This year’s Graduate Research Colloquium organized by the Graduate Student Government was hosted virtually due to COVID restrictions. There were in total 48 presentations — 17 poster presenters and 31 oral presenters.

Poster presentations took place in a pre-recorded video style and the oral sessions were hosted live via Zoom. You can watch all the poster videos and recordings for the oral sessions here. Each presentation was scored by two judges from the same field of research.

Participants were able to gain valuable feedback from these judges before presenting their research at an actual conference. It was stiff competition amongst all presenters. Following are the winners for each of these sessions.

Of the many presentations were the following by two graduate students affiliated with the College of Computing.

Simulating the Spread of Infectious Diseases
Meara Pellar-Kosbar, Data Science

This simulation is designed to show how a fictional viral illness could spread among people in a virtual room. Over the course of the virtual simulation, a number of automatic simulated people called subjects will move about an adjustable virtual grid. During this time, subjects will come into contact with each other and with item cells in the virtual room. Subjects will be exposed to this fictional virus via contact with other subjects, items, and via the air when within a certain distance of a contagious subject. The viral counts of each subject will be tracked and shown as the simulation runs, showing how the actions of the subjects’ affects their viral counts.

Cultural Competence Effects of Repeated Implicit Bias Training
Karen Colbert, Social Sciences

Karen Colbert is a PhD student in the Computational Sciences and Engineering department.

Abstract: Diversity training literature suggests that mandatory and recurrent sessions should maximize training efficacy, but research has primarily focused on single, brief training sessions that are often voluntary. Michigan Tech is one of few universities to implement required and repeated diversity training for all faculty who serve on search, tenure, and promotion committees. The goal of this study is to evaluate the training’s effectiveness, as well as to fill the gap in research on mandatory recurring diversity training. To do this, we anonymously surveyed faculty members on their knowledge, attitudes, and skills related to content from the Diversity Literacy program and scored responses to create a single composite score for each participant. We hypothesized that composite Cultural Competency Score (CCS) would be higher for faculty who 1) have taken more refresher trainings, and 2) completed training more recently. This study included 130 total respondents (large sample), 69 of whom provided their Diversity Literacy completion information anonymously through Human Resources (small sample). Composite CCS did not differ significantly by frequency of training, H(2)=3.78, p=.151. CCS did differ significantly by years since last training, F(2,63)=4.436, p=.016. Results from both large and small groups showed no statistical significant relationship between CCS and faculty committee service. CCS was negatively correlated with years employed at Tech in both the large (r=-0.363, p=0.002) and small (r = -0.258, p=0.01) samples. This relationship between low CCS and longer employment at Tech may additionally be related to the Diversity Literacy program’s implementation in 2010. Qualitative responses were also collected regarding training material that faculty found most memorable (N=102) and most confident to put into practice (N=93).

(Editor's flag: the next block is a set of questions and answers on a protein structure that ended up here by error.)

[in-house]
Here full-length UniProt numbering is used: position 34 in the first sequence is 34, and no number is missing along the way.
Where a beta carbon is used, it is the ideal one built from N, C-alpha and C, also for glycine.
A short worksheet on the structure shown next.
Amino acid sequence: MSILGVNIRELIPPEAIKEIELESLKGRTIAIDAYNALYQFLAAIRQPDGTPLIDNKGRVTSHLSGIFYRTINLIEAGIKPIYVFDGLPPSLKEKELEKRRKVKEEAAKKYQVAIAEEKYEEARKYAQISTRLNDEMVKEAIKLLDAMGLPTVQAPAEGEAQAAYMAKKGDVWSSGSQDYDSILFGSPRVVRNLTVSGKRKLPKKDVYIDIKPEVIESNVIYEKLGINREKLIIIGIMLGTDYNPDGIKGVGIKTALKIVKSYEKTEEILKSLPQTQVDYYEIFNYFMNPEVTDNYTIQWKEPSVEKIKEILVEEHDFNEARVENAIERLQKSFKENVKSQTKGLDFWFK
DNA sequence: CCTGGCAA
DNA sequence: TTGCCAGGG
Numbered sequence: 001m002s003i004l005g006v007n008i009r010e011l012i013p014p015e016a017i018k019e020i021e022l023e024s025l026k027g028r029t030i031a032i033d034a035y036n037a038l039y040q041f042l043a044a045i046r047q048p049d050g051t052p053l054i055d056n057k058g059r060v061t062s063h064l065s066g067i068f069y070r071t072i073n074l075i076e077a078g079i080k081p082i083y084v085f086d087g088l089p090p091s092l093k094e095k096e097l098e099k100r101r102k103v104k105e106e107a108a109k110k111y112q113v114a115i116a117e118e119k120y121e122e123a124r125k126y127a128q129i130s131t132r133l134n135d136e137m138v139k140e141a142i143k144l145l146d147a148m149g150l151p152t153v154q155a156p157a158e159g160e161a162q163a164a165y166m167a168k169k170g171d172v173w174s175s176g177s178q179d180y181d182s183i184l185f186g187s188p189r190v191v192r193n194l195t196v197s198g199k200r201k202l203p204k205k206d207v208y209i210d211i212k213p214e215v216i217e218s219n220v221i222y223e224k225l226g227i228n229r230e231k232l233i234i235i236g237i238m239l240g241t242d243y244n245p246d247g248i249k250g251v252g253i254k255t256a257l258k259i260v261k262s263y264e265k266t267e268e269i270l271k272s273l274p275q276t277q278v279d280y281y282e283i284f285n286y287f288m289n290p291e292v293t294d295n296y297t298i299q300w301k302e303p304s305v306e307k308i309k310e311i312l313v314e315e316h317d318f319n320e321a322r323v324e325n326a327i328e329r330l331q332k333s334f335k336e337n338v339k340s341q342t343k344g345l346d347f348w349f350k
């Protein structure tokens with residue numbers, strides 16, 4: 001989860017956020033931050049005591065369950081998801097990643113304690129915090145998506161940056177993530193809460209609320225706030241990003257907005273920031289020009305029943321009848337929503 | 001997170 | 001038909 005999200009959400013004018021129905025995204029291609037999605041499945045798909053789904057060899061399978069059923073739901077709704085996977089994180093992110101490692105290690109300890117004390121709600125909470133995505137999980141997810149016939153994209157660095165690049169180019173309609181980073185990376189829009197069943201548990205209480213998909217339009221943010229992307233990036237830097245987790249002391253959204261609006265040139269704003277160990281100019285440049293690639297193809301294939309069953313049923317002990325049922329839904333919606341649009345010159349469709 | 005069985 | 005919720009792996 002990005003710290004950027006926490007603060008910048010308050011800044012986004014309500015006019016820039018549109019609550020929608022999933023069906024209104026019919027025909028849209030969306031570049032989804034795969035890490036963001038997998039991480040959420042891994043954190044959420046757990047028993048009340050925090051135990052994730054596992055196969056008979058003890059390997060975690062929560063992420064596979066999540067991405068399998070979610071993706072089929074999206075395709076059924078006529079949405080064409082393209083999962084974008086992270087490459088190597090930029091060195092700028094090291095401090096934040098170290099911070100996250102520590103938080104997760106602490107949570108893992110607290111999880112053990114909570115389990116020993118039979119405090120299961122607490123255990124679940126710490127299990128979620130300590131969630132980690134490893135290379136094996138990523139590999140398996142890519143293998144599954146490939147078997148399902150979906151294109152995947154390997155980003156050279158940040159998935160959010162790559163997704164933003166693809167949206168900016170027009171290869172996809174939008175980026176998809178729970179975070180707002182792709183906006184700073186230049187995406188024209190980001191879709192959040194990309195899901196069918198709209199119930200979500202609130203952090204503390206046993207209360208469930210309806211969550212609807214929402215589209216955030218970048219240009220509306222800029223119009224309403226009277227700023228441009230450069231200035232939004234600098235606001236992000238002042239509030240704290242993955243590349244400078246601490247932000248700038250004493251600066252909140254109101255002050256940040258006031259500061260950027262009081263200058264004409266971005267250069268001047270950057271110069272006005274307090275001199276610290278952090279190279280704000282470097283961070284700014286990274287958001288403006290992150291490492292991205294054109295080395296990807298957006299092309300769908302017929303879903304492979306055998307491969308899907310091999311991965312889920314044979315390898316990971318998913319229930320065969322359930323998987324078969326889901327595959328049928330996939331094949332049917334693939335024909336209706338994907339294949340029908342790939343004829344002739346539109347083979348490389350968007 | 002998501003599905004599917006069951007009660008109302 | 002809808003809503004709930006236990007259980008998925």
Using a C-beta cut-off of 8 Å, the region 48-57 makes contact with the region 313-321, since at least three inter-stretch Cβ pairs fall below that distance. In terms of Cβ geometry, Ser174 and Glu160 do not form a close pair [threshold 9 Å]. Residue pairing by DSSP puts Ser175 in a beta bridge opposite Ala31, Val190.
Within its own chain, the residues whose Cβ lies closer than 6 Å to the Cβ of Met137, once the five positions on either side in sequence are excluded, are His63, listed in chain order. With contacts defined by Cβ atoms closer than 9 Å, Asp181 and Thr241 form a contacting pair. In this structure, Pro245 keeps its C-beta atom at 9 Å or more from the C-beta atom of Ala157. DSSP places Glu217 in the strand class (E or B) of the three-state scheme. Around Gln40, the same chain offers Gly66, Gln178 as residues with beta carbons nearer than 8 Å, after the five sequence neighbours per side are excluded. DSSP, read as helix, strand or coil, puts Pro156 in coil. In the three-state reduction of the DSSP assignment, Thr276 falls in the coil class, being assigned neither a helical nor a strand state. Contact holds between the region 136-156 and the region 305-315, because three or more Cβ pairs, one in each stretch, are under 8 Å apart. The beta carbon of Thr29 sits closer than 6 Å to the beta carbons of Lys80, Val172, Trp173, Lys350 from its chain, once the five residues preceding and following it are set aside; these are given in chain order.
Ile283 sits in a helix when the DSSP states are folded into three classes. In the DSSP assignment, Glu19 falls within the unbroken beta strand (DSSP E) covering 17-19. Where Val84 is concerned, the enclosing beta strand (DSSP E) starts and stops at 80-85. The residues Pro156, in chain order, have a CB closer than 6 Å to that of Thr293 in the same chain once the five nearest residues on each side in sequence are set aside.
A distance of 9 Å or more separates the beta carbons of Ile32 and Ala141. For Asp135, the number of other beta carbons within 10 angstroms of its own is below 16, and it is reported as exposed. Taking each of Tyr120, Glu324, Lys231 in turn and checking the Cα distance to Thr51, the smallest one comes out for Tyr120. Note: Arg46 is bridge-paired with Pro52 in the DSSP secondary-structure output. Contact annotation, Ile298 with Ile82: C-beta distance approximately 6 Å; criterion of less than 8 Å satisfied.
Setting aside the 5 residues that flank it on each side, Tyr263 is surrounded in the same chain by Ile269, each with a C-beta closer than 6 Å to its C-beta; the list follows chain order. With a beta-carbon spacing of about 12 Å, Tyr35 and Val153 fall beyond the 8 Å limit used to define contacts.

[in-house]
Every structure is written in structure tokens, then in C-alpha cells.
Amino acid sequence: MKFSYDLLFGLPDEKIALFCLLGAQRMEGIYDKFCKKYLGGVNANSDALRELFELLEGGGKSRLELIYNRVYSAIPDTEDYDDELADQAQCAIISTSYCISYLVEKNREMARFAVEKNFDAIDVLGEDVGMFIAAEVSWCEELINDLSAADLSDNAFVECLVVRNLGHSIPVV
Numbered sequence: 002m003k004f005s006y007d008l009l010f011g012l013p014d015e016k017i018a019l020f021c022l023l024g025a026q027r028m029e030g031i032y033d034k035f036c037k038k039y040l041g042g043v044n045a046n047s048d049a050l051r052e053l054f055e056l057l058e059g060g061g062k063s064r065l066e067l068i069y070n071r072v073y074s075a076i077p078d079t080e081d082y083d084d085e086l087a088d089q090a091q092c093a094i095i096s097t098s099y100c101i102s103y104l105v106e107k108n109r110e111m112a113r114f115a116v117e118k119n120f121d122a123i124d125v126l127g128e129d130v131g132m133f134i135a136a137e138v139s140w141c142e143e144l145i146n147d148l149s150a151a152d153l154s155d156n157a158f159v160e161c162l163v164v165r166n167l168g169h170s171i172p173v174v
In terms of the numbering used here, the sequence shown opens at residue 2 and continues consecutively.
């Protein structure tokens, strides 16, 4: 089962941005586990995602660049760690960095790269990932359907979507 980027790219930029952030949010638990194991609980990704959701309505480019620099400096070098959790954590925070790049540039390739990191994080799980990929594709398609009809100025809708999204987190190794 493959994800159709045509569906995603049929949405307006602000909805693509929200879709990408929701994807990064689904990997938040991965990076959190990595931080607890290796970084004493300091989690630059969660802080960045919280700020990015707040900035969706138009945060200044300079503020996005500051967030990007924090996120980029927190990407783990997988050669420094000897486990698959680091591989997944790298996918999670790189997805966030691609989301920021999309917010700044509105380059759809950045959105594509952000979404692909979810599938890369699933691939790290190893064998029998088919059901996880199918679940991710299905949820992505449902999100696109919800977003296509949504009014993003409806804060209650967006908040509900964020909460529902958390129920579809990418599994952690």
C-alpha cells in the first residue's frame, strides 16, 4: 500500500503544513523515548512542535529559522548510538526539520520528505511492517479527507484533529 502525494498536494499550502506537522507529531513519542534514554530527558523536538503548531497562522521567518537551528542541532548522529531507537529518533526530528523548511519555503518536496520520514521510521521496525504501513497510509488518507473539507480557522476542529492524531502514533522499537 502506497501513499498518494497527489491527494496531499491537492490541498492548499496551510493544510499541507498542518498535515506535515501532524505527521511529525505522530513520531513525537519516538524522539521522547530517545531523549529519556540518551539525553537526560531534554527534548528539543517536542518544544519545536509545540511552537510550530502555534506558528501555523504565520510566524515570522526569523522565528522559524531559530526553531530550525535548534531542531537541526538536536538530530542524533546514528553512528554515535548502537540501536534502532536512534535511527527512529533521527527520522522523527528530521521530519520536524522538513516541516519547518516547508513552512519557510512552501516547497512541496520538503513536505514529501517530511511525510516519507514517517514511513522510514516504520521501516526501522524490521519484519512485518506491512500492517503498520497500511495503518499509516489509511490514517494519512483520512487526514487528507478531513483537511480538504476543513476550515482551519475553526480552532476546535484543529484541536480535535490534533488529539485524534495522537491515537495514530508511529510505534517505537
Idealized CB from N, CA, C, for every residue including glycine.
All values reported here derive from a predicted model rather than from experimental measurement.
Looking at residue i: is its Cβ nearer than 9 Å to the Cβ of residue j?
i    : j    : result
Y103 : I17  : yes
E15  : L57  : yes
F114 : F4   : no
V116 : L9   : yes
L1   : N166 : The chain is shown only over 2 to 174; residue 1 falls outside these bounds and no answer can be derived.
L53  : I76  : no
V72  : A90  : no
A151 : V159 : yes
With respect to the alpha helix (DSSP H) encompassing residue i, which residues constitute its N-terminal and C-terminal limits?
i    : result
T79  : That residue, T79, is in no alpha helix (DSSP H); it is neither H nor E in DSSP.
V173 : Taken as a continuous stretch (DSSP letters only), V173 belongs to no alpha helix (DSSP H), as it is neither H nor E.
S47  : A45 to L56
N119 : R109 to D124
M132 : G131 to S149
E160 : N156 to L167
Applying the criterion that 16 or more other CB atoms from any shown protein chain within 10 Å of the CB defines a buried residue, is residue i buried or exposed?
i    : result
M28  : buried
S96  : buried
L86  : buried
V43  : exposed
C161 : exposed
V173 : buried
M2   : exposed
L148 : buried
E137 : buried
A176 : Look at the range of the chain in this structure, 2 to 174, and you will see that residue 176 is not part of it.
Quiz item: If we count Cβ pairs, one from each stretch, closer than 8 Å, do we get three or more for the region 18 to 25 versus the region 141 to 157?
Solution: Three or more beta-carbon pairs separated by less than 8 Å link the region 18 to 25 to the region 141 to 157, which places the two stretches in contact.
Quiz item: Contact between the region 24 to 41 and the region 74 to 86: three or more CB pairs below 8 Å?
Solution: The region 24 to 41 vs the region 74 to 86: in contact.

View all the Research Colloquium abstracts here.